It's also rare for edge environments to be equipped with the type of high-powered compute resources that populate a data center. Although it's possible to push state-of-the-art servers out to the edge, IT budgets are seldom so accommodating, especially when organizations must still support mission-critical workloads in their data centers.
Because of these restraints, IT teams have had a difficult time getting the workload performance they need in their edge environments. But this hasn't stopped them from trying. Some teams have implemented all-flash storage arrays, NVMe, GPU accelerators and other advanced technologies. Although these have helped some, they're not enough to address performance to the degree necessary to effectively support many of today's more robust workloads.
A big reason for this is that conventional compute/storage architectures are inherently limited by the bandwidth of the I/O ports that stand between storage devices and compute resources. As data is processed, it must pass through these links, which are only as fast as the technologies that support them. By extension, the more data that must move between storage and memory, the greater the resulting bottleneck.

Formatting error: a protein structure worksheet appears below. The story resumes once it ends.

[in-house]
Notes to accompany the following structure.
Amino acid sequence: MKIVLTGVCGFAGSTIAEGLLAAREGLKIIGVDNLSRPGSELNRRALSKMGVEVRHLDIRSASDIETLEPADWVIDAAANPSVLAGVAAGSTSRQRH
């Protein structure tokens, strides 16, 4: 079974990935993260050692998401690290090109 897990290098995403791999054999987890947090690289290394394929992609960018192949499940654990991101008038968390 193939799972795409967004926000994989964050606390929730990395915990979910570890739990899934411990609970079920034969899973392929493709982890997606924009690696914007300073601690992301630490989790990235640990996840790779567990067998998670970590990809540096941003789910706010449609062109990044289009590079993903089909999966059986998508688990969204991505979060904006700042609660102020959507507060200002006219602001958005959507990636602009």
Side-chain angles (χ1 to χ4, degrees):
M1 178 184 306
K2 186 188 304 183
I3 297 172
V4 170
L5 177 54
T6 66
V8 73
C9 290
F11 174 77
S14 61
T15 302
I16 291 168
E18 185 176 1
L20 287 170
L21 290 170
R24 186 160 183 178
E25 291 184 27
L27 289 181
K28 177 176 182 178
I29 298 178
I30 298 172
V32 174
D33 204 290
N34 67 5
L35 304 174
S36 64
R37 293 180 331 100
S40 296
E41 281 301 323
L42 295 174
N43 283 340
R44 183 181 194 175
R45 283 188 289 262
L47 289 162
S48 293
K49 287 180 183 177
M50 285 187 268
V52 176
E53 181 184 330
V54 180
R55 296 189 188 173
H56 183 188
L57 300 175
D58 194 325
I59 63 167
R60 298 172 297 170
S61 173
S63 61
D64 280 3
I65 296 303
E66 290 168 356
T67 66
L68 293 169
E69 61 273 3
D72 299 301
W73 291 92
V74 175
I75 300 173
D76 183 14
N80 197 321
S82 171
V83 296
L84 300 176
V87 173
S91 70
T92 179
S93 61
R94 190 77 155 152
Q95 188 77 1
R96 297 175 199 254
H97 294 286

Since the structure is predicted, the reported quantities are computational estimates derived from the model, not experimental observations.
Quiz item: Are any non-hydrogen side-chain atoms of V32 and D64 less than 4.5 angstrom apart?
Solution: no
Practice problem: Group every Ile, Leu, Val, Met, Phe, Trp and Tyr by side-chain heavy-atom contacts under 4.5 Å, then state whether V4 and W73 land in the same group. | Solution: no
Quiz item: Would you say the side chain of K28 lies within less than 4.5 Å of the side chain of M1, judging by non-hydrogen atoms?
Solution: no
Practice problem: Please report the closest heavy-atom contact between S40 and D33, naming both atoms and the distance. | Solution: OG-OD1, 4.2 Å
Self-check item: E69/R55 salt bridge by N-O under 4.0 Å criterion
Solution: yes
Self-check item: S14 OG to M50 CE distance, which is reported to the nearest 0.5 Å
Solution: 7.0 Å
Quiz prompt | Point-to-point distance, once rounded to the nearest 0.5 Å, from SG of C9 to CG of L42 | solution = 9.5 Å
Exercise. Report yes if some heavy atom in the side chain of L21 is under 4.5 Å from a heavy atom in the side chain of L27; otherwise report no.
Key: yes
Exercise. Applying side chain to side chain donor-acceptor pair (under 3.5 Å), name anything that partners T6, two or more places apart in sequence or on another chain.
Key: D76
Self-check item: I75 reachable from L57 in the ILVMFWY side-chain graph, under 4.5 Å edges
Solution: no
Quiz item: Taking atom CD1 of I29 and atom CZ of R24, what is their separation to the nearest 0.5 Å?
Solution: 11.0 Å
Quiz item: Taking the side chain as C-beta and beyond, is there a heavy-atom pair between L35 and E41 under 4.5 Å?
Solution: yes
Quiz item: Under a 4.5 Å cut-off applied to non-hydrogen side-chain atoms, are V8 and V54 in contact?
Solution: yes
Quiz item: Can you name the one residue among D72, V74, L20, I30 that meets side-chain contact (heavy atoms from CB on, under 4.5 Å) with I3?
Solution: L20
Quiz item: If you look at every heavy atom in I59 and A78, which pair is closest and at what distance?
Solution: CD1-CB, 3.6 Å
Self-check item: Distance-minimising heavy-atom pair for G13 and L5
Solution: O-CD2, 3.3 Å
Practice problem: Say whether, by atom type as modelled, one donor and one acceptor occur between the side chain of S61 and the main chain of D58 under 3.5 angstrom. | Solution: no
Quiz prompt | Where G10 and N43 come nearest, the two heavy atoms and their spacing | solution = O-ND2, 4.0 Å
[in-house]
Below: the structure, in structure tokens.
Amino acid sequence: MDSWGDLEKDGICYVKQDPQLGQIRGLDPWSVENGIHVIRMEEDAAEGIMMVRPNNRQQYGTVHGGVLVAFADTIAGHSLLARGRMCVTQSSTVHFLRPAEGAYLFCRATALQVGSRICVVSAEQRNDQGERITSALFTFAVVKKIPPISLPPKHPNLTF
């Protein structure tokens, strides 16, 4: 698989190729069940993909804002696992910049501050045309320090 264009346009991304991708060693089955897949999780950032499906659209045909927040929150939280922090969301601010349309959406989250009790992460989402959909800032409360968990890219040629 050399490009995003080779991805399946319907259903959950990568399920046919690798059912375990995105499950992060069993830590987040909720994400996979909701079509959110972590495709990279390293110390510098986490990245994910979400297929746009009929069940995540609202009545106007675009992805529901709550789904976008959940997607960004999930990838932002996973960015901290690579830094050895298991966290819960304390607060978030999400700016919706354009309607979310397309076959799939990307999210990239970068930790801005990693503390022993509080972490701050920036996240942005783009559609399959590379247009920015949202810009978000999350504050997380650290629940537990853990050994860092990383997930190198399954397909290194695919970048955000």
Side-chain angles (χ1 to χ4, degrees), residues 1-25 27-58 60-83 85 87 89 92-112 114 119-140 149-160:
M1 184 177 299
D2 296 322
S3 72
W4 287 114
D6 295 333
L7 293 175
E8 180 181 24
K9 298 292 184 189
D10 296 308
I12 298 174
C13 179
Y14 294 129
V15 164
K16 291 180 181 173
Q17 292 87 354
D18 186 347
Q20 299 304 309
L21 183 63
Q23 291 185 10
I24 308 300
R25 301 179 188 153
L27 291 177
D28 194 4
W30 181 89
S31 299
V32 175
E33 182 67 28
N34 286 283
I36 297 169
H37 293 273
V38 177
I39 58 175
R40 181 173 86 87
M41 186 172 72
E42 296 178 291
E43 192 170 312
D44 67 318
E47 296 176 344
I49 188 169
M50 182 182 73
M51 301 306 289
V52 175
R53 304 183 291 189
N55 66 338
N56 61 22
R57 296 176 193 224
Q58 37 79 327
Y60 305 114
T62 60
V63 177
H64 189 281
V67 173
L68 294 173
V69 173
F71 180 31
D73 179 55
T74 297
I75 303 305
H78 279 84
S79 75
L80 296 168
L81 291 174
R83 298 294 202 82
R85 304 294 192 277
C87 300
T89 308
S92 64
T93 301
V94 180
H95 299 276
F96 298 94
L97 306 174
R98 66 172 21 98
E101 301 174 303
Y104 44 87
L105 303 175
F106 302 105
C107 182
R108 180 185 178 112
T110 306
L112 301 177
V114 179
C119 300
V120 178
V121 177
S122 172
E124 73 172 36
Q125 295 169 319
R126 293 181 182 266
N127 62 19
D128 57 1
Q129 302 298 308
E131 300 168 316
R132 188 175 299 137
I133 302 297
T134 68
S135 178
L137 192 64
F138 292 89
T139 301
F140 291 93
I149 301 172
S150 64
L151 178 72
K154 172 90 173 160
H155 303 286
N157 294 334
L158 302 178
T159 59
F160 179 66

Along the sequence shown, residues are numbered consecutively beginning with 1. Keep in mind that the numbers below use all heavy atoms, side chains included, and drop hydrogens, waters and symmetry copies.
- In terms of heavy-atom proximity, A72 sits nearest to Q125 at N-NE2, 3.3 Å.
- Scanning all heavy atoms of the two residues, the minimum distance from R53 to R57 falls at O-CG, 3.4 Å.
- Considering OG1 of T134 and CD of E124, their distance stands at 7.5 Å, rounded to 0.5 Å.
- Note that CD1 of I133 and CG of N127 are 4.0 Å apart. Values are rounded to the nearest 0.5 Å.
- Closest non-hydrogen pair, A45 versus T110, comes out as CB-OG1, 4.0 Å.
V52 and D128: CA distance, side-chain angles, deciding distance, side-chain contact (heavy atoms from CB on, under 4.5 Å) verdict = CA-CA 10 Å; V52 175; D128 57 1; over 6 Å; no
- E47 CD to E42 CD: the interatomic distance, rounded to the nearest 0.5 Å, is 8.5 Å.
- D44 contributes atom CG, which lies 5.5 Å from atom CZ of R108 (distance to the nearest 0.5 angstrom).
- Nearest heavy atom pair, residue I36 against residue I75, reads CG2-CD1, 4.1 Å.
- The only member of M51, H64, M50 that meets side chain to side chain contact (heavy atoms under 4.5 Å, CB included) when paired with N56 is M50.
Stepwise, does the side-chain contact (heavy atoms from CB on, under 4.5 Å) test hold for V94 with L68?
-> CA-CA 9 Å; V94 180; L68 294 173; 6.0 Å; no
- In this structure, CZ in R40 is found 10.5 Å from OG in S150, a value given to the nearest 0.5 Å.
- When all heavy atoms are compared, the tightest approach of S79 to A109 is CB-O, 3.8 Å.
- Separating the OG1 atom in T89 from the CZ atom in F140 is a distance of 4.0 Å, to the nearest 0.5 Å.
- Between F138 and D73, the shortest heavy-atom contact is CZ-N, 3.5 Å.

This is where computational storage enters the scene. It removes the bottleneck by bringing compute and storage resources closer together to minimize data movement, resulting in lower latencies and faster applications.
Computational storage to the rescue
Traditional compute/storage architectures require time and resources just to move data from one system to the other, resulting in higher latencies and poorer application performance. In contrast, computational storage takes an in-situ approach to data processing, moving at least some of the operations from the compute resources to inside the storage system. Here, data can be processed faster and more efficiently, not only because of less data movement, but because of the extensive use of parallel processing.
The storage system preprocesses the data on behalf of the compute system so that only a subset of data is eventually sent to memory. By minimizing data movement, you can achieve lower application latencies and reduce the load on compute resources, freeing them up for other operations.